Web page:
by: Bob Goldin | Barry Friends
February 4, 2019
We have the utmost respect for Amazon.com (Amazon). Perhaps more than any company in the recent past, it has and is fundamentally reshaping how business is conducted. No one can ignore their influence or underestimate their effectiveness and innovativeness. They have built “best in class” systems and distribution infrastructure. They clearly have significant untapped potential in many huge verticals, including $6 trillion wholesale distribution market.
We estimate that Amazon currently does $1.5 – 2.5 billion in foodservice sales, which would rank them among the Top 10 broadliners. They have reached that impressive volume level with no focused effort – their success has been primarily due to the convenience and variety they offer. One can convincingly argue that they are in the embryonic stage of development in foodservice.
Most industry analysts and participants expect Amazon to dramatically expand their presence in foodservice and believe they will be a true “disruptor.” While they certainly have a lot of headroom and will grow in foodservice, we believe Amazon’s potential will be more modest than many expect for a variety of reasons:
- 65 – 70% of operator purchases are perishables (refrigerated or frozen foods), which are extremely difficult and costly to handle (as Amazon is learning from its Fresh initiative). Established distributors, including produce houses, dairies, seafood specialists, etc. appear to be far better positioned to handle this volume. Under any scenario, perishables, especially refrigerated, will be a huge challenge for Amazon.
Foodservice is a (too) SKU intensive business. Broadline distributors regularly inventory 8,000 – 12,000 SKUs (the vast majority of which are “moving”) and have access to another 5,000 or more. Within virtually every category there are multiple brands (including regional/local brands, private labels and chain custom products) and price tiers. While Amazon is certainly the master of massive assortment and long tails, they would definitely need to add 100,000+ SKUs. They may decide the added burden and complexity is counter to their business interests and overall efficiencies.
- Major (Top 100) chains account for 30% of industry volume. These chains have unique service and inventory requirements and are very well-served by their existing distributors. We think it is highly unlikely that Amazon would be able to penetrate this segment to any significant extent. One could make a similar case for a few other niche segments like c-stores.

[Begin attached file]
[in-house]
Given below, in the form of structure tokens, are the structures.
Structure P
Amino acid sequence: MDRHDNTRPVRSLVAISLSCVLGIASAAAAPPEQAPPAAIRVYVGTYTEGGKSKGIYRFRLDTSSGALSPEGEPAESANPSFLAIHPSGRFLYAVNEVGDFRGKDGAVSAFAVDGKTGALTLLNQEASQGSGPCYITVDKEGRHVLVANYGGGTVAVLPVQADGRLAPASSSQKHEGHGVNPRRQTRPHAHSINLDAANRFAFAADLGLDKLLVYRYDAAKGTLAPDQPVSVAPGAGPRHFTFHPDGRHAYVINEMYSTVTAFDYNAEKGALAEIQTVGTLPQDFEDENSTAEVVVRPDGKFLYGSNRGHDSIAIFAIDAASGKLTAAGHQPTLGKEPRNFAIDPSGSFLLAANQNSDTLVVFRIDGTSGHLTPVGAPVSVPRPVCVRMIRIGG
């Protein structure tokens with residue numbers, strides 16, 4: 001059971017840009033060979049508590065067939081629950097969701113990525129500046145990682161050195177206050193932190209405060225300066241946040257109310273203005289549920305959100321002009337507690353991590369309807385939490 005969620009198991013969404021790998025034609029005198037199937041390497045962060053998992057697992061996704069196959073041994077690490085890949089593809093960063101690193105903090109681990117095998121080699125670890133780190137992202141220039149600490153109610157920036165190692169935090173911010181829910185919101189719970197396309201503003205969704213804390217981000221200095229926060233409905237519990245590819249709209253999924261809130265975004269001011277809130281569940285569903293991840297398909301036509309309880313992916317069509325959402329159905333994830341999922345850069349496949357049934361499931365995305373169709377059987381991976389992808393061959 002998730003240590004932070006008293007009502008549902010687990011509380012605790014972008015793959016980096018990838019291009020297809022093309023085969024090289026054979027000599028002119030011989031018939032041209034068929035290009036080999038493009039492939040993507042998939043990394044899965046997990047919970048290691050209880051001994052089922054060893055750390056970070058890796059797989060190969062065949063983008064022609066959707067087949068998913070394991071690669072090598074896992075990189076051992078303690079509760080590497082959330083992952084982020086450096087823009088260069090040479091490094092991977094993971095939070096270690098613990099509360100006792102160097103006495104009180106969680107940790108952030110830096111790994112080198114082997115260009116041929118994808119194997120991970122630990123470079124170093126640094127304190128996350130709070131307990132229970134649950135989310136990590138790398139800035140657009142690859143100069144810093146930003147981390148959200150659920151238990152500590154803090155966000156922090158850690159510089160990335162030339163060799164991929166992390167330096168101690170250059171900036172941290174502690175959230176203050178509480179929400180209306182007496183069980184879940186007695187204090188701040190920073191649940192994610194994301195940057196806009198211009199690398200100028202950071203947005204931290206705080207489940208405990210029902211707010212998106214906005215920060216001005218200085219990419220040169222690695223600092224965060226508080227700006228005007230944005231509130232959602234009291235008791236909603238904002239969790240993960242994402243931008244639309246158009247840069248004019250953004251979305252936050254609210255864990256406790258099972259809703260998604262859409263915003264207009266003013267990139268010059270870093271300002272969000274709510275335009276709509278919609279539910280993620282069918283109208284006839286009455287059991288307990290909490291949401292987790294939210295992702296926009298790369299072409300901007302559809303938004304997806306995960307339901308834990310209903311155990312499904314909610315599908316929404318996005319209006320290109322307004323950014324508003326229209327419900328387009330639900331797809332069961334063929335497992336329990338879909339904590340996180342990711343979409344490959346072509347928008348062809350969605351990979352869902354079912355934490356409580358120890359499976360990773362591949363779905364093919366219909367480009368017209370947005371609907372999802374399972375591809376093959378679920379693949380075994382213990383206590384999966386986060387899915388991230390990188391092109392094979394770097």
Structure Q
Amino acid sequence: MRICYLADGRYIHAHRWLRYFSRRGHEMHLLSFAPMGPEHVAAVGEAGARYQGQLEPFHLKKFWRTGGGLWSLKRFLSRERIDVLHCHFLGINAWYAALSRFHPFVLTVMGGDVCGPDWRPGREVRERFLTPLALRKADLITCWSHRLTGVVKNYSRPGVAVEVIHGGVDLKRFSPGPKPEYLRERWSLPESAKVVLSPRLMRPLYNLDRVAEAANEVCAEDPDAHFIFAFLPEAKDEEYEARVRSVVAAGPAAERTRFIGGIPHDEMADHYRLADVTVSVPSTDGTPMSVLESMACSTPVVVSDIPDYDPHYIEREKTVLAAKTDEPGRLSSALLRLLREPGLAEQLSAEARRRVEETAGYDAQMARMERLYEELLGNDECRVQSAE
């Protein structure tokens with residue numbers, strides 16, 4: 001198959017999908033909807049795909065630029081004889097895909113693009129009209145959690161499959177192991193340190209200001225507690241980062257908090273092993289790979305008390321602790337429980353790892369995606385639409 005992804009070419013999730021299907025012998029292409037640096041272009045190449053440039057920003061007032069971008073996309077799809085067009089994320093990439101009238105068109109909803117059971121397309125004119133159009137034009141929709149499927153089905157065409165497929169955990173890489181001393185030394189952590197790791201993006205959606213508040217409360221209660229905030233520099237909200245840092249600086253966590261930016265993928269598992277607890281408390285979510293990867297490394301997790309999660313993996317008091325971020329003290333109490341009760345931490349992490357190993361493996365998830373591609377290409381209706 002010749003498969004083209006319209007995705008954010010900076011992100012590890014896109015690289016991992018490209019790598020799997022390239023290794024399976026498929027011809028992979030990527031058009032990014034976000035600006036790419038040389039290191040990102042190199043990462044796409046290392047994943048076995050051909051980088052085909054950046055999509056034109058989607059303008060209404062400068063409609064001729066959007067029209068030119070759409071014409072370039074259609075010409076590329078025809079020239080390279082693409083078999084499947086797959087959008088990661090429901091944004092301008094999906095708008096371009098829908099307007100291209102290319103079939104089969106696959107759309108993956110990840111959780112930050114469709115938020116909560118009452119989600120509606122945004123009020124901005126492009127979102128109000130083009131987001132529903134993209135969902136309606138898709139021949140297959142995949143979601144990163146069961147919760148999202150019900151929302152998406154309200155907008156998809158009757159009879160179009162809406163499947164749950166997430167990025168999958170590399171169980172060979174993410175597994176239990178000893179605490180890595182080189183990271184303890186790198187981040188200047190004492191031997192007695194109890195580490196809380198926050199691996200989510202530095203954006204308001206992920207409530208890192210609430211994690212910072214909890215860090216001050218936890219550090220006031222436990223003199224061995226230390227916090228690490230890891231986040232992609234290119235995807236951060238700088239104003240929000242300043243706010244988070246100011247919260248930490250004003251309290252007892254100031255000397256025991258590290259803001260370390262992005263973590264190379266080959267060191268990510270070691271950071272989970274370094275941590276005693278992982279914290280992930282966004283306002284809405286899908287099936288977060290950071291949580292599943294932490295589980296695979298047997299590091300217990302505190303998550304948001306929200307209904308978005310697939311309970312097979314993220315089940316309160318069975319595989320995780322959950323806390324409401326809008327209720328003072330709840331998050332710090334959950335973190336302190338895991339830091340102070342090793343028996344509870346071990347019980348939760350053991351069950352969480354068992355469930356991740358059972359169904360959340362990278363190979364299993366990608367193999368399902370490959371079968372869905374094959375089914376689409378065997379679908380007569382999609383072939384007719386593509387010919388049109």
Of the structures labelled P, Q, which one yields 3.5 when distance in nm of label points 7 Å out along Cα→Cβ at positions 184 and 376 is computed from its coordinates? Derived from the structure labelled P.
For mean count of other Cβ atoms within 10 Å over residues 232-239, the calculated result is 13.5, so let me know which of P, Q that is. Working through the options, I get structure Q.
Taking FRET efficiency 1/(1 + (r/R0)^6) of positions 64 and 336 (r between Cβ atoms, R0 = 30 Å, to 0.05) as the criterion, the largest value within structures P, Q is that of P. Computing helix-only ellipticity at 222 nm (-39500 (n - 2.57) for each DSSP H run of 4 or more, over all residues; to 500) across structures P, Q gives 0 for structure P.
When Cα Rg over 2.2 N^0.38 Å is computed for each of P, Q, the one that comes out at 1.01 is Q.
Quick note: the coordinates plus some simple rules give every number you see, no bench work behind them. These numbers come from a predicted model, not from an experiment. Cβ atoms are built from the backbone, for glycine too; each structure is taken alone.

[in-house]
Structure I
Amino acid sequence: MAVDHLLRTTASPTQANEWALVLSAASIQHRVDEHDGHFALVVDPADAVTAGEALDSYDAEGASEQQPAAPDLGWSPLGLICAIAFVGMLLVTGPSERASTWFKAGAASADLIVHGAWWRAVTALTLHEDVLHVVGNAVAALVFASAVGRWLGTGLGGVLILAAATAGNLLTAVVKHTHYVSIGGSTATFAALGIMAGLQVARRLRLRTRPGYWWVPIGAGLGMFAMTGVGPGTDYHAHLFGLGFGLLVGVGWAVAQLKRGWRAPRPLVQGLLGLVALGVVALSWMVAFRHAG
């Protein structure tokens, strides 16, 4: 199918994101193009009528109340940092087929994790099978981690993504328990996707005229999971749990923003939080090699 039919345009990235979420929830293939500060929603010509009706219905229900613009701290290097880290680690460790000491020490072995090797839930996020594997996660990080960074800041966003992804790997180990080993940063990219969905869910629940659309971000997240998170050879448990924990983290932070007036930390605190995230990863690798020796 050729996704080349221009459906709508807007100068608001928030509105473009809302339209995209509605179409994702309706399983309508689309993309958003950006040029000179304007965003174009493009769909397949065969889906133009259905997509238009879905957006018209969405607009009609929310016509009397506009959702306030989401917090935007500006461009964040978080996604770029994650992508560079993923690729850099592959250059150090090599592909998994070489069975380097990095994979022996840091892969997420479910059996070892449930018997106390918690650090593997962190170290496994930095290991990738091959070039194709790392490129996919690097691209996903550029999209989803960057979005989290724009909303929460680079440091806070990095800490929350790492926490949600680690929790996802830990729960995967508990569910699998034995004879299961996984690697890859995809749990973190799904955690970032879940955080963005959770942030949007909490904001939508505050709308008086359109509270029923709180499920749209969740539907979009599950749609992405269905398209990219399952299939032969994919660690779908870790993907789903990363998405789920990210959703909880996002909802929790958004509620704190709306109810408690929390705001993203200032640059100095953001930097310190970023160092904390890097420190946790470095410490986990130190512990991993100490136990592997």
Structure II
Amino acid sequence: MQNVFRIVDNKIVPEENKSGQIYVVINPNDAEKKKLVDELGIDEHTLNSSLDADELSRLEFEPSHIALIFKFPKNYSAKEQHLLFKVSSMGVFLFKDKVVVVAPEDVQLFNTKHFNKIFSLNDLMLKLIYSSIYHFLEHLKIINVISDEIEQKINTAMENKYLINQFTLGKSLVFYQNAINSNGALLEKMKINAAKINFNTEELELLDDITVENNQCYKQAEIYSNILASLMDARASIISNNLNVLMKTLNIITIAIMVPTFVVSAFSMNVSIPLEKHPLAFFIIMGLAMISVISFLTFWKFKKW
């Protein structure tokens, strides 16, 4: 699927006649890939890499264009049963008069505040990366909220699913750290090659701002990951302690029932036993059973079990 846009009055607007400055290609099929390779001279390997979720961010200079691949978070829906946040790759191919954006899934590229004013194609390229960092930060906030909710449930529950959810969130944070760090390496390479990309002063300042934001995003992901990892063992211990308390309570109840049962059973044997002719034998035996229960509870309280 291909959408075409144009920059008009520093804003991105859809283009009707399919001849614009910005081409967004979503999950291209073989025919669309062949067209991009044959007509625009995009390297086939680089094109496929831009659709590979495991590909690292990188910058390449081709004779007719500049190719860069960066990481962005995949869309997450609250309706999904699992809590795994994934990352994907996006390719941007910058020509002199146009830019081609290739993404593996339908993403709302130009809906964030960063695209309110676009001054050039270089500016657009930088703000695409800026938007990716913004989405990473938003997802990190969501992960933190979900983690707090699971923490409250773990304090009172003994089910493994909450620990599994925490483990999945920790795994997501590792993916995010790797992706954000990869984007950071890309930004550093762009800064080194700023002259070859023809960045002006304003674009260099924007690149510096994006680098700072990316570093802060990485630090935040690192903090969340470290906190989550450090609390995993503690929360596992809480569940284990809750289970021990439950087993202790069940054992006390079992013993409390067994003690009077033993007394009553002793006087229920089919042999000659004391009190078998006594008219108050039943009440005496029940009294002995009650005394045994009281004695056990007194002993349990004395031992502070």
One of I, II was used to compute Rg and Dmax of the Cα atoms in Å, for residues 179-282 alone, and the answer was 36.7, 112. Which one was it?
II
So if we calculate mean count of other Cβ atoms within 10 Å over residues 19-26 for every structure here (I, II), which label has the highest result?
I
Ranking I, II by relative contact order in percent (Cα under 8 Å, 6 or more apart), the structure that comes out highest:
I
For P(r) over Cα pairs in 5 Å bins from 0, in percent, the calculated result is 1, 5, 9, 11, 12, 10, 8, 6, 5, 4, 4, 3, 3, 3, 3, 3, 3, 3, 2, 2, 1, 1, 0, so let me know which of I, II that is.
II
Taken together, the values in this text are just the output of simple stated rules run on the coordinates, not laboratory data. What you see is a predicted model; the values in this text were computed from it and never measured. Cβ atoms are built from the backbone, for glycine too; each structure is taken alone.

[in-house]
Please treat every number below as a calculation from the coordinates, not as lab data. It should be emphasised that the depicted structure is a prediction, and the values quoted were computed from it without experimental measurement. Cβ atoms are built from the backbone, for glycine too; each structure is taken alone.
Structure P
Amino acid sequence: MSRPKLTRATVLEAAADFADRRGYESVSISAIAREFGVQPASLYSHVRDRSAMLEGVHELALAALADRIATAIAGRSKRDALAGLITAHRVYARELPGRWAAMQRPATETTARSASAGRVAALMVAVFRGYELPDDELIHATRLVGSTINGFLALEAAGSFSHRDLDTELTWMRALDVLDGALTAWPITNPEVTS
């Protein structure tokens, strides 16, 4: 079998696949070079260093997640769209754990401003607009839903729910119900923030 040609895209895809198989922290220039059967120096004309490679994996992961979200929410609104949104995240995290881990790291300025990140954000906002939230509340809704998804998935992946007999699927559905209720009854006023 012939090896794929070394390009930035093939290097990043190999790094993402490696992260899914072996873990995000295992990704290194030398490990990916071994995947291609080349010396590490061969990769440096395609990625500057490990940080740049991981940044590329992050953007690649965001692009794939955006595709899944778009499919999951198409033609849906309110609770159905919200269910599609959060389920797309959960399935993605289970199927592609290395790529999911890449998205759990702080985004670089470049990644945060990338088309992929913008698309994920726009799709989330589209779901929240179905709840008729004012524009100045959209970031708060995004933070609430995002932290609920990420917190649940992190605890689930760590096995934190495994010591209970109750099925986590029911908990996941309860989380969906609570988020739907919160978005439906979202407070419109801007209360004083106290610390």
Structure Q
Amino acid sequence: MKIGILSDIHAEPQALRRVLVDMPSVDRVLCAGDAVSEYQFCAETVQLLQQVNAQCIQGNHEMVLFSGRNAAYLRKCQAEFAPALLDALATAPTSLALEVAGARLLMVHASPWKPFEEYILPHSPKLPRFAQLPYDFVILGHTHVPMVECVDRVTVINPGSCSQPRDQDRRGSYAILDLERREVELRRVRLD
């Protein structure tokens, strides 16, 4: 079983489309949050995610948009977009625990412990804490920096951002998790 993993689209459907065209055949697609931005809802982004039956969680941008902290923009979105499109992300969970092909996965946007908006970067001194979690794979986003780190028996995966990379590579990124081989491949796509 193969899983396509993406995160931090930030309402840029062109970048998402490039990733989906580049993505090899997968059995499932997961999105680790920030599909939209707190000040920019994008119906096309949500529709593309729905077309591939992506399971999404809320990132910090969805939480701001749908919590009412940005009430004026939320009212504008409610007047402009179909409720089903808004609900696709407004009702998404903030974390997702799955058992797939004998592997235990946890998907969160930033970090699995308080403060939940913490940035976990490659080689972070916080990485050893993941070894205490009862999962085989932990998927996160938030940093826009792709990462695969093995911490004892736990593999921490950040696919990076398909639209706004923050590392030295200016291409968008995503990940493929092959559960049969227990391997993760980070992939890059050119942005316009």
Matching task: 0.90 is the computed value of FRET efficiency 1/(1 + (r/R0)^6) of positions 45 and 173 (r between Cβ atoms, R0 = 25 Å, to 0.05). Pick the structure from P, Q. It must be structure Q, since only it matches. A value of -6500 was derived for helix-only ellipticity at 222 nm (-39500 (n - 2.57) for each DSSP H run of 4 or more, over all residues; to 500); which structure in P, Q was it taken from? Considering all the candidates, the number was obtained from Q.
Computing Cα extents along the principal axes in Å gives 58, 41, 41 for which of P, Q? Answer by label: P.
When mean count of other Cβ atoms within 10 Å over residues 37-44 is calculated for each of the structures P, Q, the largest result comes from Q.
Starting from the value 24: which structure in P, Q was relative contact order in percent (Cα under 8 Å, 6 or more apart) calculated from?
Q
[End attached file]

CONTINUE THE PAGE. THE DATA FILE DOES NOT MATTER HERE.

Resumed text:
In most markets, operators have a vast number of quality suppliers available to them, including major and local market broadliners, specialty distributors of all types, cash-n-carry and club stores, and manufacturer direct. Our research and anecdotal evidence strongly suggest that operators are highly satisfied with the options available to them. Perhaps more importantly, they are also highly satisfied with the service they receive from their distributors. In particular, as we have repeatedly noted, operators value their relationship with distributor sales reps (DSRs). This adds to Amazon’s challenge of establishing penetration. Yes, they could buy their way into the market, but we do not see that as a likely development.
- As the Amazon “threat” has been evident for quite some time, distributors have redoubled their efforts to “cocoon” their key customers through a combination of (even better) service, greater transparency, technology enhancements and special services. And other companies like WebstaurantStore., Costco.com and Walmart/Jet.com are already major third-party online distributors.
Established distributors like Sysco, US Foods and the like are extremely formidable, well-financed, effective and aggressive. They will not cede any share without a “big fight.”
- Finally, Amazon may determine that the foodservice market available to them is unattractive relative to other B2C and B2B opportunities.
While we do not expect “hyper-growth” from Amazon in foodservice, they will provide a viable alternative route to market for many manufacturers and continue to serve as a model in areas related to customer engagement, logistics and multi-channel effectiveness.